Recovery from anorexia is hands down the hardest thing I’ve ever done. It was the most physically and mentally painful experience of my life, this time around more so than ever, because I actually committed to it in a way I never have before.
There were countless times where it felt like it was completely impossible and that giving up was the easier option, but I’m so glad I persevered. Here are some things I remind myself when it gets difficult.
Your eating disorder isn’t on your side
I know that’s hard to believe when it constantly tells you the opposite. You think you will be lost without it, and that it keeps you safe and secure. It convinces you that you need it and that it’s the most important thing in your life. I promise you that isn’t true. An eating disorder will take and take and take until you have nothing left to give. It’s not keeping you safe, it’s keeping you trapped.
Recovery isn’t a straight line
There will be so many peaks and troughs that you’ll lose count. It’s an absolute rollercoaster and one day you will wake up feeling like you’ve beat it, the next you might feel completely caught up in its grasp again. The important thing to remember is that as you get further along in your recovery, the dips will be shallower and the highs will last much longer and happen much more frequently. It’s almost a year since I’ve been discharged from services and although I still have difficult moments, it’s incredibly rare that I ever have a whole day that’s taken over by my eating disorder. Maybe the odd hour here and there. But I’ve never felt so free as I do now.
It doesn’t look like it does on Instagram
I find there seems to be two types of ‘recovery’ content on Instagram. The first is the sort of toxic positivity accounts full of beautiful smoothie bowls, regular gym trips, cute quotes and avocado toast. The second is people at the very extreme end of unwell who are in hospital, sometimes NG fed, talking about all the gruesome ins and outs of being unwell. Neither of these, in my opinion, are overly helpful. The first genre I believe paints an artificial sense of how it feels to go through recovery, and the second provides an unrealistic snapshot of most people’s experience of living with an eating disorder. I personally have always tried to aim my content about my journey somewhere in the middle. You don’t need to know the ins and outs of my meal plan or my blood test results or what BMI I got my period back. But equally my recovery hasn’t been all sunshine and rainbows, and I have always been upfront about the fact that some days, most days in fact in the early stages, it was fucking horrible and I wouldn’t wish it on my worst enemy. Don’t believe everything you see on social media – your recovery is your own.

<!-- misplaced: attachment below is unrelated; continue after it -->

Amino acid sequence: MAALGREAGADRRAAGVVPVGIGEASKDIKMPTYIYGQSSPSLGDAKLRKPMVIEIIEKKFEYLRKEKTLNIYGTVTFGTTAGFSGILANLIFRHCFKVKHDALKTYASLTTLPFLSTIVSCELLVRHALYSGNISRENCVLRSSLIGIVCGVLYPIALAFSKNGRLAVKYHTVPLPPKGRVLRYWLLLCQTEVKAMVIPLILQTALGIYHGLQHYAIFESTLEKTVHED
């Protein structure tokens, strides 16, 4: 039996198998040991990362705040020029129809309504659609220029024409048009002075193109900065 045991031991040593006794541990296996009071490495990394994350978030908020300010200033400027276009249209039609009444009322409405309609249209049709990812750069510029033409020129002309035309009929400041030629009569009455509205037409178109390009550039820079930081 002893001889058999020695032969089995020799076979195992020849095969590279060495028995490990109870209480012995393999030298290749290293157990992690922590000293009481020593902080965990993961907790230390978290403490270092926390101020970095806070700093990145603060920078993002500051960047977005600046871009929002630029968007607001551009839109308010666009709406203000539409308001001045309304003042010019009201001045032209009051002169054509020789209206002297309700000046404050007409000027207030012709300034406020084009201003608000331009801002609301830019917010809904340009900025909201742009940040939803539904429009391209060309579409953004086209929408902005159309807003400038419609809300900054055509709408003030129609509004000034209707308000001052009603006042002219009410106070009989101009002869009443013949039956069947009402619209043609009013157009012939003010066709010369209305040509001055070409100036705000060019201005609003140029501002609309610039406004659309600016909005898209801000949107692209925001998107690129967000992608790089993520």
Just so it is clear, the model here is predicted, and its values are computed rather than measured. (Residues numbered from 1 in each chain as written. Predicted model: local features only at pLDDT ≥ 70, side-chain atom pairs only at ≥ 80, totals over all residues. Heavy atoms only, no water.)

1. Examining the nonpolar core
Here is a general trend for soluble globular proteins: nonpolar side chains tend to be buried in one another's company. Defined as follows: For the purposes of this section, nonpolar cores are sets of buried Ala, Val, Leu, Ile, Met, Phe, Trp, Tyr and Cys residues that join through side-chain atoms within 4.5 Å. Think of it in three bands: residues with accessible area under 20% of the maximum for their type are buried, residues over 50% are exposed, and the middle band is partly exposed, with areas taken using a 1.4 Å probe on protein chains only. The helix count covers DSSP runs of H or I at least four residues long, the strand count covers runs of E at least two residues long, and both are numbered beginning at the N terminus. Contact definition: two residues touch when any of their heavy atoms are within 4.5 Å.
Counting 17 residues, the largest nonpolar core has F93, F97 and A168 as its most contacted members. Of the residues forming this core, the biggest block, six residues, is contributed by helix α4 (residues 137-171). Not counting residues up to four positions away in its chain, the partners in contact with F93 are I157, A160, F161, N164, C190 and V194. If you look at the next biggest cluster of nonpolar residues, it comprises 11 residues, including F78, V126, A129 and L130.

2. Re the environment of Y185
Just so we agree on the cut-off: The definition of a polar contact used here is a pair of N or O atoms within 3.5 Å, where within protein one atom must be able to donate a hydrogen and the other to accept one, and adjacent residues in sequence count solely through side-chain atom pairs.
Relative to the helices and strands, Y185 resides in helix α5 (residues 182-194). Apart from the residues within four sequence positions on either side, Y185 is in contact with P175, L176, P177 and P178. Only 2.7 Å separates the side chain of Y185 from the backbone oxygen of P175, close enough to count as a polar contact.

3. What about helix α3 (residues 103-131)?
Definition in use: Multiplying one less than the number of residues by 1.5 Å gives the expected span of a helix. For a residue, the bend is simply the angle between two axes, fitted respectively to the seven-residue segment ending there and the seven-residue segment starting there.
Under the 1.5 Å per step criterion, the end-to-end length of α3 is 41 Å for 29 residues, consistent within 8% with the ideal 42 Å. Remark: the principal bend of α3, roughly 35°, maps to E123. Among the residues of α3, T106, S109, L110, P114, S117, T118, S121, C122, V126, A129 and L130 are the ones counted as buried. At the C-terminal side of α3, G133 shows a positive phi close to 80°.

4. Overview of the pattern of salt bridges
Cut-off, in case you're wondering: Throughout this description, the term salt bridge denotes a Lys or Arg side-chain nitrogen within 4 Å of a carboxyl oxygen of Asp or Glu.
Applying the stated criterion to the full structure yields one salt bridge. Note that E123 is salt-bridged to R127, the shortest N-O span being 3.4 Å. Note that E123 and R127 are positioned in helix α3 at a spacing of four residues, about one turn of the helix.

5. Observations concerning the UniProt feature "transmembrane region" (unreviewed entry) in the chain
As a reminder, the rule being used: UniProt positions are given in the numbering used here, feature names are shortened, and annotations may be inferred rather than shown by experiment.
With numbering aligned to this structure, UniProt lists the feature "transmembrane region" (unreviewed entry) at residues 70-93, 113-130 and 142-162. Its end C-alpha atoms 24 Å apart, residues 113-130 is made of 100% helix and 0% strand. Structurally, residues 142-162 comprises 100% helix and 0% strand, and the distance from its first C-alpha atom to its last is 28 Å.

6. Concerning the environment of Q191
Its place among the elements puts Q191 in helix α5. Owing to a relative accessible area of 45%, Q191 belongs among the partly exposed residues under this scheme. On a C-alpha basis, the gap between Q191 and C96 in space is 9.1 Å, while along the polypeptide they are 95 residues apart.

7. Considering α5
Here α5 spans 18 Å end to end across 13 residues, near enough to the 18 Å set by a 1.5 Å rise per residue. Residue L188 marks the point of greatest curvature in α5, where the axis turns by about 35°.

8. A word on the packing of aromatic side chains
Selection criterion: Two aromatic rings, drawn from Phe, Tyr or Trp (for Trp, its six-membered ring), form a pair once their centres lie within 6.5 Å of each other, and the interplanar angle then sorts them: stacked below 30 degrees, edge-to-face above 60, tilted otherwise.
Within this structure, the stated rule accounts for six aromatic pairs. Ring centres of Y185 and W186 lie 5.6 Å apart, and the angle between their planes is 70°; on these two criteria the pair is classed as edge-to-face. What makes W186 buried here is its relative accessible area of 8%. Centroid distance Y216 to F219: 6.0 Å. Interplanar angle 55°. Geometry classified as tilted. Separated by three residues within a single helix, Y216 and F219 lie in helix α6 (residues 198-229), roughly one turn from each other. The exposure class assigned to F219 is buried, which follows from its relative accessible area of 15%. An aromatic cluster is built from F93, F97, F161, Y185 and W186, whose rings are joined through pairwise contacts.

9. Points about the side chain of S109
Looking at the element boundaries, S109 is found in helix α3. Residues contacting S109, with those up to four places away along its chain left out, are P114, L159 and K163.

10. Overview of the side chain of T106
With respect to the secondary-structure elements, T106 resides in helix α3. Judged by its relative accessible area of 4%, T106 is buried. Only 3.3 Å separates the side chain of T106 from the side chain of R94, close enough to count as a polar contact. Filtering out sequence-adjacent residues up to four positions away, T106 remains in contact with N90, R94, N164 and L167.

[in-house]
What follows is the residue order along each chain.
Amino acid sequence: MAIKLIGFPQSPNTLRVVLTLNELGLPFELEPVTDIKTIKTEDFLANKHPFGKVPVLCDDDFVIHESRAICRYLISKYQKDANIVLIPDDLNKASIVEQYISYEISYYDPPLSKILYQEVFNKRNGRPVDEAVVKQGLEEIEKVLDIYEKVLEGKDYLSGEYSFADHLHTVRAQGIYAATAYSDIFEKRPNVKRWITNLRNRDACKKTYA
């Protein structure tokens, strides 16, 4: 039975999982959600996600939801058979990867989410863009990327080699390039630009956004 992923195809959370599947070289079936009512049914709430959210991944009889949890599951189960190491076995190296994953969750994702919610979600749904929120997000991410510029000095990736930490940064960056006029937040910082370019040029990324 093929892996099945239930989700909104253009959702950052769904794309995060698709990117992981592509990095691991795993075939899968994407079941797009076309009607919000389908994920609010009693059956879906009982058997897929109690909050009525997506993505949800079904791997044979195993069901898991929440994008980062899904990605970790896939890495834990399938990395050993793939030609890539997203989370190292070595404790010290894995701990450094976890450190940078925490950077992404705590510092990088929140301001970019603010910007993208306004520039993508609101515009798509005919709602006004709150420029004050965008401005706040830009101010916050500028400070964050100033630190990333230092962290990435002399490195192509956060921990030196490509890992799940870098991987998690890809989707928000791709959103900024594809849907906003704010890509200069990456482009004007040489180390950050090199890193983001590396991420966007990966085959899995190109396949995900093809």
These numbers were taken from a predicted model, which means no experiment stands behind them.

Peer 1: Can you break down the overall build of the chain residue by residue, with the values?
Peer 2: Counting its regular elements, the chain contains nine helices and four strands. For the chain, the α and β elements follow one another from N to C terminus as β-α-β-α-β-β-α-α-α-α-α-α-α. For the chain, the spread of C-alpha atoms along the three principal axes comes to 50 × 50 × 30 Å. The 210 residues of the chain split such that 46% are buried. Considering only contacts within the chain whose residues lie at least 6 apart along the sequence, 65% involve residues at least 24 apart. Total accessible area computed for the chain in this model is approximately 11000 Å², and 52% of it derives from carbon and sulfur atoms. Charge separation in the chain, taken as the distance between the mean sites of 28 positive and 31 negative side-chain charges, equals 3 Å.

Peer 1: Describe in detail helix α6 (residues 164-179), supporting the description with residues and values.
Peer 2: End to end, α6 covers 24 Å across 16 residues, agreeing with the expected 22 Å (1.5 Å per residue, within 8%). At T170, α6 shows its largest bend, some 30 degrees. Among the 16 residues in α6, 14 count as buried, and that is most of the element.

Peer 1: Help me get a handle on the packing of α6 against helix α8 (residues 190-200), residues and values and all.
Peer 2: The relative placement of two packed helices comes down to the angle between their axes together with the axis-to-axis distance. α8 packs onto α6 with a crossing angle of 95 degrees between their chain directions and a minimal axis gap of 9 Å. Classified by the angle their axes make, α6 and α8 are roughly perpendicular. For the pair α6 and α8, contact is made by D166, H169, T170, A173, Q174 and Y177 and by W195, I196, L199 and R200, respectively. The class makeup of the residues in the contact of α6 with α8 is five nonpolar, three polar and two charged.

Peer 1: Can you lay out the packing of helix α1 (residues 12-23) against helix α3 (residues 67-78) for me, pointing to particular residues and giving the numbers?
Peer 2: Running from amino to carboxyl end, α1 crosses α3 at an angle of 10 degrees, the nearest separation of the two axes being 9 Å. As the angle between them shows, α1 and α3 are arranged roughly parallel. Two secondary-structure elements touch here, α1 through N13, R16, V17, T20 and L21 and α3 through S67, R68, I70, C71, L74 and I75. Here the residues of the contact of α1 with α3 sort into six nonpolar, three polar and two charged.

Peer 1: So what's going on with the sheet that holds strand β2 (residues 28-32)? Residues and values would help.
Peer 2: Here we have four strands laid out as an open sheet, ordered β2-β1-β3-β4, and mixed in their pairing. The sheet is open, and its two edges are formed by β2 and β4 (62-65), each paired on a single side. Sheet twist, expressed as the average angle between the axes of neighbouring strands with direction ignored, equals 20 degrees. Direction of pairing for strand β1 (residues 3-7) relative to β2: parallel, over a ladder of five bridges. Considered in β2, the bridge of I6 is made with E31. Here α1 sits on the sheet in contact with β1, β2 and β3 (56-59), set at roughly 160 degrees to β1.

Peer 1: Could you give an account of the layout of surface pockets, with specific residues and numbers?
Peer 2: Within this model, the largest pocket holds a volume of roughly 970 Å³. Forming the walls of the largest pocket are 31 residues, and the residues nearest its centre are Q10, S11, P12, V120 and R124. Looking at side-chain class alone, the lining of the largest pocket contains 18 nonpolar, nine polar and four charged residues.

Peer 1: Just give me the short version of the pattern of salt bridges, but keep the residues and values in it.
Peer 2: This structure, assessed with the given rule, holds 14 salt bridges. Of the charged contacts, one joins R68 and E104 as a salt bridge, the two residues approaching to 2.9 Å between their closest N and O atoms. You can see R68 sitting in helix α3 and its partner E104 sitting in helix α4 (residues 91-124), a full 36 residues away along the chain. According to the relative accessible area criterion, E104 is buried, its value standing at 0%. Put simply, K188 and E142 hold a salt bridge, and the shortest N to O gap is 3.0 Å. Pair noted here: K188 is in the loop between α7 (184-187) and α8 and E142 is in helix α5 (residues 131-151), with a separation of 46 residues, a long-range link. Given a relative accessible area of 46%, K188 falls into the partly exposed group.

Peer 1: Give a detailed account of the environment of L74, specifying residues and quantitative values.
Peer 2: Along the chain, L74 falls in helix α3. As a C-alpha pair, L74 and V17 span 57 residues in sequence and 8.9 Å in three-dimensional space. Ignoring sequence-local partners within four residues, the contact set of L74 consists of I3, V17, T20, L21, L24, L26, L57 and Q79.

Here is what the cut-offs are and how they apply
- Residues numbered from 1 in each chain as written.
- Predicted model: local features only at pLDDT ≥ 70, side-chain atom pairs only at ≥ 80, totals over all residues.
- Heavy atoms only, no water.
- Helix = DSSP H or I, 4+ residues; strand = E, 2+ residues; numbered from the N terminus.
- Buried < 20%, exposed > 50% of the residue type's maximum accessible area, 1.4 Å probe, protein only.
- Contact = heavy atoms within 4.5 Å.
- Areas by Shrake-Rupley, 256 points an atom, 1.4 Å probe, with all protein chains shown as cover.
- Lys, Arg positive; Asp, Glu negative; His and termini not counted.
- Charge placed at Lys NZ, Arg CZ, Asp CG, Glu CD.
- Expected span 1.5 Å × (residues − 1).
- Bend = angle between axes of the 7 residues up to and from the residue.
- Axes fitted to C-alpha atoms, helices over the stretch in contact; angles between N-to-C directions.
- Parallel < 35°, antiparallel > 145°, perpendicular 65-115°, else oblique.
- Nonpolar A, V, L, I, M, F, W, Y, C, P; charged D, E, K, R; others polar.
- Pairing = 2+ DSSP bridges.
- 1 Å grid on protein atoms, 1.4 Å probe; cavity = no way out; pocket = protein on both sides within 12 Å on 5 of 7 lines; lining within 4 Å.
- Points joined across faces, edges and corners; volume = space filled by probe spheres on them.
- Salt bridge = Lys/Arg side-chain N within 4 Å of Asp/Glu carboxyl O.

It gets better
It really, truly does. It doesn’t feel like it in the early stages of refeeding or during weight restoration or when you’re trying to stop using coping mechanisms that you’ve used for months and years on end. But just stick with it. Keep going. One meal, one day, one week at a time.
You exist outside of your eating disorder
When you are unwell, you often feel like that’s who you are. How can you not feel that way when it becomes your entire life? It’s all you think about and dream about and talk about, so of course you feel like it makes up your entire personality. But you at some point existed before you had an eating disorder, and you will continue to exist after one too. You might not be the person you were before and that’s okay, because recovery is about growth and learning, and with that comes discovering things about yourself that you didn’t know about before. New likes and interests and hobbies and friends. Life is waiting on the other side of recovery.
A lapse doesn’t have to be a relapse
I don’t necessarily like the phrase that ‘relapse is part of recovery’. Because it doesn’t have to be. Not everyone has to be unwell more than once, or have treatment multiple times. Many of us do and that’s okay, but it’s also totally okay to respond well to treatment, recover and never relapse again. However, I think lapses are part of most people’s journey. Not full relapses into illness, but days where things feel like they’re going backwards and you’re falling back into old habits. These are just part of the recovery experience, and as long as you pick yourself up again or stop before things get worse, you’re still heading in the right direction.
Sometimes resting is still progress
There’s a lot of negativity around quasi recovery, but I personally think it has it’s place. Recovery is exhausting, you can’t always be going full steam ahead. There have been multiple weeks and months at a time where I’ve considered myself to be very stuck and have felt incredibly frustrated with myself, but in hindsight I needed to take my foot off the gas and just rest for a little while. Pausing is not the same thing as going backwards, and it’s not always realistic to be making tangible progress every day. Sometimes stopping yourself lapsing or relapsing is progress in and of itself, even if you don’t feel like you’re going anywhere. It’s okay to stop and take a breath if you need to.
I hope some of these suggestions might be helpful. Remember that it won’t last forever, and that it does get easier with time.